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Holding Your Teen Hostage and Alternative Reactions to Teenage Behavior Issues

Updated: May 29



Is your teen missing school, doing drugs, lying, hanging with the wrong crowd, defiant, rude, lacking respect?


If this sounds too familiar, you have a problem on your hands and you have to act fast.

Something needs to change.


If you are like most parents in Northwest Arkansas, discipline and consequences are the go to strategy for teenage misbehavior. It seems so logical that if your teen misses curfew, the immediate response from the parent should be, "give me the keys to your car".


This strategy has worked for so long for many parents, but for some kids, and for a lot of teens, this strategy completely backfires and actually invites the teen into more misbehavior.


Here's why.


When your teen has lost everything, they have nothing else to lose.


Once you take away the car, the phone, video games, and friends, there isn't much else to take away.


You now have a bigger problem.


Your teen has nothing else to lose, they are miserable, resentful, and they probably don't care much about how you, the parents, feel.


And quite honestly, if you suffer your teen will probably take some joy in that.


Misery loves misery.


Your teen feels like a hostage, and they probably want to return that feeling back to you anyway they can.


When they have nothing else to lose, they have the freedom to ramp up your misery to the highest degree.


My teen has lost everything, and things still aren't changing. What should I do?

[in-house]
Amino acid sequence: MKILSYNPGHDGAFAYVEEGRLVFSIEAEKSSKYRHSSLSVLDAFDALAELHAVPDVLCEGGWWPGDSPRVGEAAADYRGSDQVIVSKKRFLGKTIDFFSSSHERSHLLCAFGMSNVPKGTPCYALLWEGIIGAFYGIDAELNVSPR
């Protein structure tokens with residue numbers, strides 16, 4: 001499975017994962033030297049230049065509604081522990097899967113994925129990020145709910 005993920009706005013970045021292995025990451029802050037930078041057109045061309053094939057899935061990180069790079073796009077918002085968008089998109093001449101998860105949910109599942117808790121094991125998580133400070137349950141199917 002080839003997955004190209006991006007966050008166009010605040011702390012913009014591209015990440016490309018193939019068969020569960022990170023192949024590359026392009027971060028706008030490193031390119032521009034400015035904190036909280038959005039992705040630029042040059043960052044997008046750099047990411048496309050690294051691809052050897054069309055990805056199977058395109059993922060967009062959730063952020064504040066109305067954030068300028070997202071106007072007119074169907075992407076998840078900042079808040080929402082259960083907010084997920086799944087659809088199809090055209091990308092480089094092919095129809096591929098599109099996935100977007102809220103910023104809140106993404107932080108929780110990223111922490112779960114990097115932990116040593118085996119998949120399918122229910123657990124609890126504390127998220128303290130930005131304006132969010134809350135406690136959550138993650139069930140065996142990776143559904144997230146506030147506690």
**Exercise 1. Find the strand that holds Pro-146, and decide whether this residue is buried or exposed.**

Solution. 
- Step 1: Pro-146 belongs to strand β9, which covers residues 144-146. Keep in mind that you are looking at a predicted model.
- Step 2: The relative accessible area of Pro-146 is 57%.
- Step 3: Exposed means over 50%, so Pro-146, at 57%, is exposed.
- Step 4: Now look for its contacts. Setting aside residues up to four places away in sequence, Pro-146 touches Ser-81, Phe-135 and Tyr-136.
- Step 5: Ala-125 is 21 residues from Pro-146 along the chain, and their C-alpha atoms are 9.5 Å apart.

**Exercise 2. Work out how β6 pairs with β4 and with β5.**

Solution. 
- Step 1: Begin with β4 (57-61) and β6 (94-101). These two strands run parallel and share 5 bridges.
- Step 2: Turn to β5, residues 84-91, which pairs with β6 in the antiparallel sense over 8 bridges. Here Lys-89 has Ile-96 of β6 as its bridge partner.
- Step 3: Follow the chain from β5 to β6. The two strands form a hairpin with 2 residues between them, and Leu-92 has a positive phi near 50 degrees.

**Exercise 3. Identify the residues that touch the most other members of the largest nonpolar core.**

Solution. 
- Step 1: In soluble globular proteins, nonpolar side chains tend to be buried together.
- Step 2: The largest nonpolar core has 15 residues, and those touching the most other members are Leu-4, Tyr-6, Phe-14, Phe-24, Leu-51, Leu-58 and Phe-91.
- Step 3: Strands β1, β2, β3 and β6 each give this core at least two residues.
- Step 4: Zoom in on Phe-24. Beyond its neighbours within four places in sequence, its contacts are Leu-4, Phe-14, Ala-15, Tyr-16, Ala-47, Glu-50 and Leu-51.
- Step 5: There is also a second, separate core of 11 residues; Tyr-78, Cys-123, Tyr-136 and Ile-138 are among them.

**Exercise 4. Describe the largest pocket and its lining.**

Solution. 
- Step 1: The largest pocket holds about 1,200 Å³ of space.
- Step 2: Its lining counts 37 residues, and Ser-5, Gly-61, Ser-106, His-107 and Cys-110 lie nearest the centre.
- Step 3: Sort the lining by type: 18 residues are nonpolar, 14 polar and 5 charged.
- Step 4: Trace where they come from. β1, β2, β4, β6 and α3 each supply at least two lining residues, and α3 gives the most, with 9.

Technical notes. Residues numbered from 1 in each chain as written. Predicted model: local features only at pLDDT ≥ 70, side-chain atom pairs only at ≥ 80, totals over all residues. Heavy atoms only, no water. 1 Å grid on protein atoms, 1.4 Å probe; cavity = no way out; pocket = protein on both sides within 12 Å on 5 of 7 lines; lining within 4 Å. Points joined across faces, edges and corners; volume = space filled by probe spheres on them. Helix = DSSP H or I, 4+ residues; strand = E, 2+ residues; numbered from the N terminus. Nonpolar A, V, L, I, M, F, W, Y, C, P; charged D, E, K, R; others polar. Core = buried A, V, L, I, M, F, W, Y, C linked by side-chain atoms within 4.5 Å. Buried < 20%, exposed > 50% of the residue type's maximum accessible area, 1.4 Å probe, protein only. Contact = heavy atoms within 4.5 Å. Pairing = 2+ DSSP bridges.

You know that this strategy of consequences isn't working. Why are you still using it? You have very good reasons for taking things away.


What's the purpose behind it?


Are you trying to motivate your teen? Are you trying to teach them a lesson? Are you trying to protect them? Take a look and assess and acknowledge both the methods you are using, and the outcomes that are occurring.


Then...

Experiment.

Change the way you respond to your teen's misbehavior and keep a journal about what you have tried, what is and what isn't working.


Experiments to try:

When a rule is broken, be curious about why it was broken. Listen actively, and empathize with your teen.

Instead of criticizing your teen, describe the problem and invite your teen to be part of the solution.

Instead of making threats/ultimatums, offer a choice.


Despite the idea that your teen feels like a hostage, the truth is your teen cares immensely about how you think about them. Teens want parents to be proud of them. Don't let your teen convince you otherwise, it's Bologna. Your teen desperately needs your empathy, listening ear, and respect.


This is a season where your teen needs to learn how to fail, and to pick themselves back up on their own. They are learning how to be independent, how to use freedom wisely, and how to take care of their own mental health. They will make mistakes, and that is ok because this is also a time your teen is learning how to ask for help.


A parent's reaction to teen's misbehavior can be a powerful tool for positive change, or a stumbling block for your teen's success. Don't get stuck in the hostage problem with your house. Do something different.


If you feel like you are out of options, and totally exhausted, it might be a sign that you may need more help. Schedule a counseling appointment with a Bentonville counselor and see if the standoff in the home can turn into a peace treaty for success.


The best part... your first session is free.




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